Growth hacking, the new reality of digital marketing ?
Until a few months ago, the term growth hacking was unknown to most people on this side of the Atlantic. But it is clear that there is a growing interest in this discipline in France. As a proof of this, I want to mention the number of articles, videos and even Meetups that appear every day and that deal with this subject. You only have to go on Google Trends to realize that, since 2013, Growth hacking has the wind in its sails. It should be in the DNA of all start-ups.
Definition of Growth hacking
Growth hacking was introduced by Sean Ellis, a former employee of Dropbox, who defines it as follows: in short, a growth hacker is a person whose sole and unique objective is growth. Every decision, every tactic, every strategy he undertakes is motivated by this one and only goal. To achieve this, the Growth Hacker must systematically connect your target audience with your product or service.
It is clear from these definitions that the role of the Growth hacker is significantly different from the role of a marketing professional, who may have Brand Awareness or the communication of values as an objective. The Growth hacker will implement tactics (« hacks ») which have the particularity of being free (or very cheap), and which aim to drastically increase the turnover growth curve. To achieve this, the growth hacker will ask himself the following questions:
- How can I acquire more users of my product?
- How do I make my users more active?
- How can I compensate for my loss of subscribers?
- How do I get my customers to spend more?
This rather opportunistic notion of the discipline means that the Growth hacker is very popular with start-ups, who generally seek to boost their user base with inexpensive techniques and tricks because their limited resources prevent them from investing in expensive strategies.
Some illustrious cases of successful growth hacking
The most famous example, which for some is the first documented case of growth hacking, can be attributed to Hotmail in 1996. At the time, the famous messaging service that we know today was only in its infancy and was experiencing relatively low growth. Realizing that 80% of new users of the email service had signed up through word-of-mouth from friends, Hotmail co-founder Tim Draper decided to insert a message at the end of every email sent from Hotmail:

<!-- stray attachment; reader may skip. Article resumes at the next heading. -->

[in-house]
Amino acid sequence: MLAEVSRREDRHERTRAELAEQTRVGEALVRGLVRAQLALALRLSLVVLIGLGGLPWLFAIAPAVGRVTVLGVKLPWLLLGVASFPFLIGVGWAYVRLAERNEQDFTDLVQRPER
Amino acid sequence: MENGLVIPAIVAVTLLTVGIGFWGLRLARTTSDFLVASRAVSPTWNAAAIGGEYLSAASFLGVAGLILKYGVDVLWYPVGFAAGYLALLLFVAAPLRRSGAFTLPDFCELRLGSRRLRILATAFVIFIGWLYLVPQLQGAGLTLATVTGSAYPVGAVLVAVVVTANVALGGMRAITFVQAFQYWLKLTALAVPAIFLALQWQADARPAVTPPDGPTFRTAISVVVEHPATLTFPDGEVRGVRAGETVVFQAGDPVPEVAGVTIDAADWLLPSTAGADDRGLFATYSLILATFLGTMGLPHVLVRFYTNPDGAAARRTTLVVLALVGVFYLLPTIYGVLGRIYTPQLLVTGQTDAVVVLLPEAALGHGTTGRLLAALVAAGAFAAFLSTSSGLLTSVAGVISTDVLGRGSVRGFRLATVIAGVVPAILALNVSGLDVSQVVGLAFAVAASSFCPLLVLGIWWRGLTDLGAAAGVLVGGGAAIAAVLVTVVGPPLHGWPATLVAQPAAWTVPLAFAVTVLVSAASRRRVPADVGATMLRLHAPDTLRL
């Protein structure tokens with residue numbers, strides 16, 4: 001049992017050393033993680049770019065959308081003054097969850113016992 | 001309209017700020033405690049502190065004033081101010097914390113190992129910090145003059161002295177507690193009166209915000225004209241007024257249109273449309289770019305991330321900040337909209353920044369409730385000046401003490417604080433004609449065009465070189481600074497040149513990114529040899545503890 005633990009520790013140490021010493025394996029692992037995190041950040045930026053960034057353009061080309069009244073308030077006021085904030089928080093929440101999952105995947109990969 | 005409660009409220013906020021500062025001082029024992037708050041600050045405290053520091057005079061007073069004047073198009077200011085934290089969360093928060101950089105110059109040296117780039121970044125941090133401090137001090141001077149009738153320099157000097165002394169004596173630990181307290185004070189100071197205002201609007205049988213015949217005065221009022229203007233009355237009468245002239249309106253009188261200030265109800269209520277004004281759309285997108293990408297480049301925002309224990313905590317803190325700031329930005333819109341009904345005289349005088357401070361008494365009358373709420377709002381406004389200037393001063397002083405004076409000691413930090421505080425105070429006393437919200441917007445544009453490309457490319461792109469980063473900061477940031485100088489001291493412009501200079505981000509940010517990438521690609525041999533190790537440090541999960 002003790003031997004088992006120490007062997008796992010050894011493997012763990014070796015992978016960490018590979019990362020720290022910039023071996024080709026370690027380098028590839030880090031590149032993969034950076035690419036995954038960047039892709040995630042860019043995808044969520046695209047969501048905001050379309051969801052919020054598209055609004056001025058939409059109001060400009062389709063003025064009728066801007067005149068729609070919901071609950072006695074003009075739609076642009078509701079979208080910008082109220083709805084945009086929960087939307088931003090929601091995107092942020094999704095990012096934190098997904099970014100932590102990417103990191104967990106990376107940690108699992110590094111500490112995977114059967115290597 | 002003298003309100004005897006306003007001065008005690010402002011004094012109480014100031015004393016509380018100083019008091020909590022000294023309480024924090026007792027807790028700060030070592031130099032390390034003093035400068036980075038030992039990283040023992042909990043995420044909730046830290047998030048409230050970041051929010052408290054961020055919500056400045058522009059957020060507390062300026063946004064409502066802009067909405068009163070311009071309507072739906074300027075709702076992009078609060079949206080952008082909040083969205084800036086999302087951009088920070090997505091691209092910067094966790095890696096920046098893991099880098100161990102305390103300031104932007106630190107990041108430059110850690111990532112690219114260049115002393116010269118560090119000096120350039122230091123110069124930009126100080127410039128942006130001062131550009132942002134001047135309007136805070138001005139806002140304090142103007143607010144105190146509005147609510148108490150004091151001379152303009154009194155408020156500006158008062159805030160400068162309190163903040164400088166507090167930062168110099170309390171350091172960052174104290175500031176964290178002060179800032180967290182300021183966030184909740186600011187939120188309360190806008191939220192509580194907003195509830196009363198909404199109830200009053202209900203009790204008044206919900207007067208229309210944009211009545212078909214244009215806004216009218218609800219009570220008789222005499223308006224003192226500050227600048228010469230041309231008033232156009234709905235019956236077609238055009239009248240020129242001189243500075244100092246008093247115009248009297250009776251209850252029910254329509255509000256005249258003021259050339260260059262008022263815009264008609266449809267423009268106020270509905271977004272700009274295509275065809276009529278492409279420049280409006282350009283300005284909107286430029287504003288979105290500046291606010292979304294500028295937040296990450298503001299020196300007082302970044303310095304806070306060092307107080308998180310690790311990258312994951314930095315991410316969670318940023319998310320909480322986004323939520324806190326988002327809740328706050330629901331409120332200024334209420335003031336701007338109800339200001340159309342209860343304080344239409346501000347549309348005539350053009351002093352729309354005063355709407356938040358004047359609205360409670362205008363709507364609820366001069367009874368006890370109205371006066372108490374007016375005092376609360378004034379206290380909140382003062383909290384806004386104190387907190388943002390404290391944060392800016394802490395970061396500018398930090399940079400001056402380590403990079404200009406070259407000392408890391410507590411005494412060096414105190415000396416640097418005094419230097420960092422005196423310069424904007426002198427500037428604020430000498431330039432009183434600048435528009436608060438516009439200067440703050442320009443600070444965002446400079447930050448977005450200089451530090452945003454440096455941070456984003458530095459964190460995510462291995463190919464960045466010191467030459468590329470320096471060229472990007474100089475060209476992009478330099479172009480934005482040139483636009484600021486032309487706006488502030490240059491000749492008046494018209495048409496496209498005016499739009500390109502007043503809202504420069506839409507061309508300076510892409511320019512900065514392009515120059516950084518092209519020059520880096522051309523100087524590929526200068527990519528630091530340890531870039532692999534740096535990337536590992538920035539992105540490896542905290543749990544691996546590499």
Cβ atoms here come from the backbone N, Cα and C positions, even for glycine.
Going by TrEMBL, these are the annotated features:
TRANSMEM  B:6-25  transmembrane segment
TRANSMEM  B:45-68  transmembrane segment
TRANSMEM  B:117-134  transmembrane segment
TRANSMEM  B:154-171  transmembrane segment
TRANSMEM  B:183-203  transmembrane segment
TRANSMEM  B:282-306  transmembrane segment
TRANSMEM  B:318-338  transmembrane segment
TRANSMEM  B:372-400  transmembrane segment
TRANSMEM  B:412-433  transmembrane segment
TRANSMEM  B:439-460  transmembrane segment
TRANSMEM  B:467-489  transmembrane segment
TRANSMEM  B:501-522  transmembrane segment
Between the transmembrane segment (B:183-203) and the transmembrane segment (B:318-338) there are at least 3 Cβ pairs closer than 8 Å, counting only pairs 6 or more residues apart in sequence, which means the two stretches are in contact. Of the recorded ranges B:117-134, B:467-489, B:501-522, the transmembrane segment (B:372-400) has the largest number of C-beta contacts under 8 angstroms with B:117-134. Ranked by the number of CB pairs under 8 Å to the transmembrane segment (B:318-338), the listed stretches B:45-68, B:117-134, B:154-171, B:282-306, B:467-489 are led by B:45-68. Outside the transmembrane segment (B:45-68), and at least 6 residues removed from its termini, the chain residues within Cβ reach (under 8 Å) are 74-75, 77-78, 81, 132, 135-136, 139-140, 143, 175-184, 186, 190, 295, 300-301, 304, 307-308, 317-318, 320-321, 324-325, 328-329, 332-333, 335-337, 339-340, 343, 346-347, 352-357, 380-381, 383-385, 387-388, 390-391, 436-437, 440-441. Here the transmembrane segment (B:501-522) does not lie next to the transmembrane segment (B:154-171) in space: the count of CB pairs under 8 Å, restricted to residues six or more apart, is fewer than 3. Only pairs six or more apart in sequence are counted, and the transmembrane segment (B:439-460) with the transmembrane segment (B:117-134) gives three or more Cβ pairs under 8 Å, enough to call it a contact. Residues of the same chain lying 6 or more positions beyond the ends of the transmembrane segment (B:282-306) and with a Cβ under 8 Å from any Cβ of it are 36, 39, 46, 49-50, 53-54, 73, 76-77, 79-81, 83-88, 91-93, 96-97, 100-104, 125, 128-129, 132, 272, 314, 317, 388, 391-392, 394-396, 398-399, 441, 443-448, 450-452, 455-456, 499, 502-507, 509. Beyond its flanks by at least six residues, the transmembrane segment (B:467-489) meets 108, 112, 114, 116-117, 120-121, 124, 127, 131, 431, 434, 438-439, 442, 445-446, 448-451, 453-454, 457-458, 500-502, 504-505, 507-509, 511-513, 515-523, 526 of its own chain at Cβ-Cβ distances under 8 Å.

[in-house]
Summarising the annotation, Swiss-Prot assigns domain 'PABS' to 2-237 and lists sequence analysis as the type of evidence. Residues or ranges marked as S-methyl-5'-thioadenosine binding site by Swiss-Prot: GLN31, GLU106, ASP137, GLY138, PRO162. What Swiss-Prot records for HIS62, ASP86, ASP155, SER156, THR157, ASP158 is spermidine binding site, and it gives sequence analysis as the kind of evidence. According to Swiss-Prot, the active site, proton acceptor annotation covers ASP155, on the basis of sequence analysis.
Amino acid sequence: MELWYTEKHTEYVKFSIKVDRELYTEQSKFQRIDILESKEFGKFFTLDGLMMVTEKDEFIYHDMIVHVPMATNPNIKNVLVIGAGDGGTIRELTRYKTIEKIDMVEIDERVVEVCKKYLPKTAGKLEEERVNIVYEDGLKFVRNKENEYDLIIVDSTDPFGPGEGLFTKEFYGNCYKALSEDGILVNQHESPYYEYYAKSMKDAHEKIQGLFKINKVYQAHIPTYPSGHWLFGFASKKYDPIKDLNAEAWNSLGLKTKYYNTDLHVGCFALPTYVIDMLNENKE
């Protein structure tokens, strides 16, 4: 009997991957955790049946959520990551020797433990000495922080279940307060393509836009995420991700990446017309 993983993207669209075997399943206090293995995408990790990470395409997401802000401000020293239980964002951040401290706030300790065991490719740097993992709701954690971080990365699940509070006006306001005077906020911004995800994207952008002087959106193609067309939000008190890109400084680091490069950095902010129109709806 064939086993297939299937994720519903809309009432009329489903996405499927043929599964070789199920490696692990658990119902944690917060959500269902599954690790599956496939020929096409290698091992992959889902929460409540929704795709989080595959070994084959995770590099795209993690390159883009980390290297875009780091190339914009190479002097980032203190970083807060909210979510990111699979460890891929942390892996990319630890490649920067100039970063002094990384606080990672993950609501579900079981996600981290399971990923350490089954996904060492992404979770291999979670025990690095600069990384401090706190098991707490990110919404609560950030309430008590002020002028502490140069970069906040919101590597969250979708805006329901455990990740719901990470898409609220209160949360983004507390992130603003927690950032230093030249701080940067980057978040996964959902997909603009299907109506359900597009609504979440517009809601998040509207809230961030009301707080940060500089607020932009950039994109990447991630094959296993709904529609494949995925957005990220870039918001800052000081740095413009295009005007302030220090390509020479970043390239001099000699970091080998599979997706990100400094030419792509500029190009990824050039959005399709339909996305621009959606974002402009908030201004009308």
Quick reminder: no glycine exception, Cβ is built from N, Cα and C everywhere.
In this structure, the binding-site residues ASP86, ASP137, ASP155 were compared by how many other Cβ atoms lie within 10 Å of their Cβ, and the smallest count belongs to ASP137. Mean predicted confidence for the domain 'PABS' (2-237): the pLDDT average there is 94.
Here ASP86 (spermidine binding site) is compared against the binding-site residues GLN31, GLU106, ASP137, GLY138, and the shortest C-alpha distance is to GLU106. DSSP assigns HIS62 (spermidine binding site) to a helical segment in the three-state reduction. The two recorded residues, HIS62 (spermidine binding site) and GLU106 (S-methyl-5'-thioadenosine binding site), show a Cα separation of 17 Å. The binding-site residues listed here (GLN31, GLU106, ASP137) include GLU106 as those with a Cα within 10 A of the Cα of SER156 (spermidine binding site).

« PS: I love you. Get your free e-mail at Hotmail. »
The impact was instantaneous, resulting in a « snowball » effect that boosted the number of users of the messaging service to 3,000 per day. In 6 months, Hotmail generated 1 million subscribers. In 18 months, the number exploded to 12 million and was bought by Microsoft for $400 million.
This textbook case has been imitated with varying degrees of success by other companies. For example, the « sent from my iPhone » message found today at the bottom of messages sent from an Apple device follows the same logic.
Dropbox is also known to have successfully developed many Growth hacking techniques to explode its usage rate. In particular, it has used its « early adopters » as a means of distributing its service by offering them additional storage space in exchange for a recommendation.
Digital marketing = Growth Hacking ?
Although the term is relatively new and is making the buzz at the moment, Growth hacking is more a state of mind than a new profession in its own right. For many years, clever start-ups have been trying to maximize their growth without going through a traditional marketing approach. In fact, when you think about it for a moment, growth hacking is nothing more than marketing adapted to its environment and new tools. With the evolution of new technologies and the field of new realities they bring, digital marketing and growth hacking are two concepts that will increasingly rub shoulders until they become complementary.
In any case, growth hacking is a truly exciting discipline that deserves our attention. Many growth hacking techniques can be exploited as part of a digital strategy and we at WAKUSA are convinced that they can bring interesting results for many of our clients. If you want to go further, feel free to visit our growth consulting page!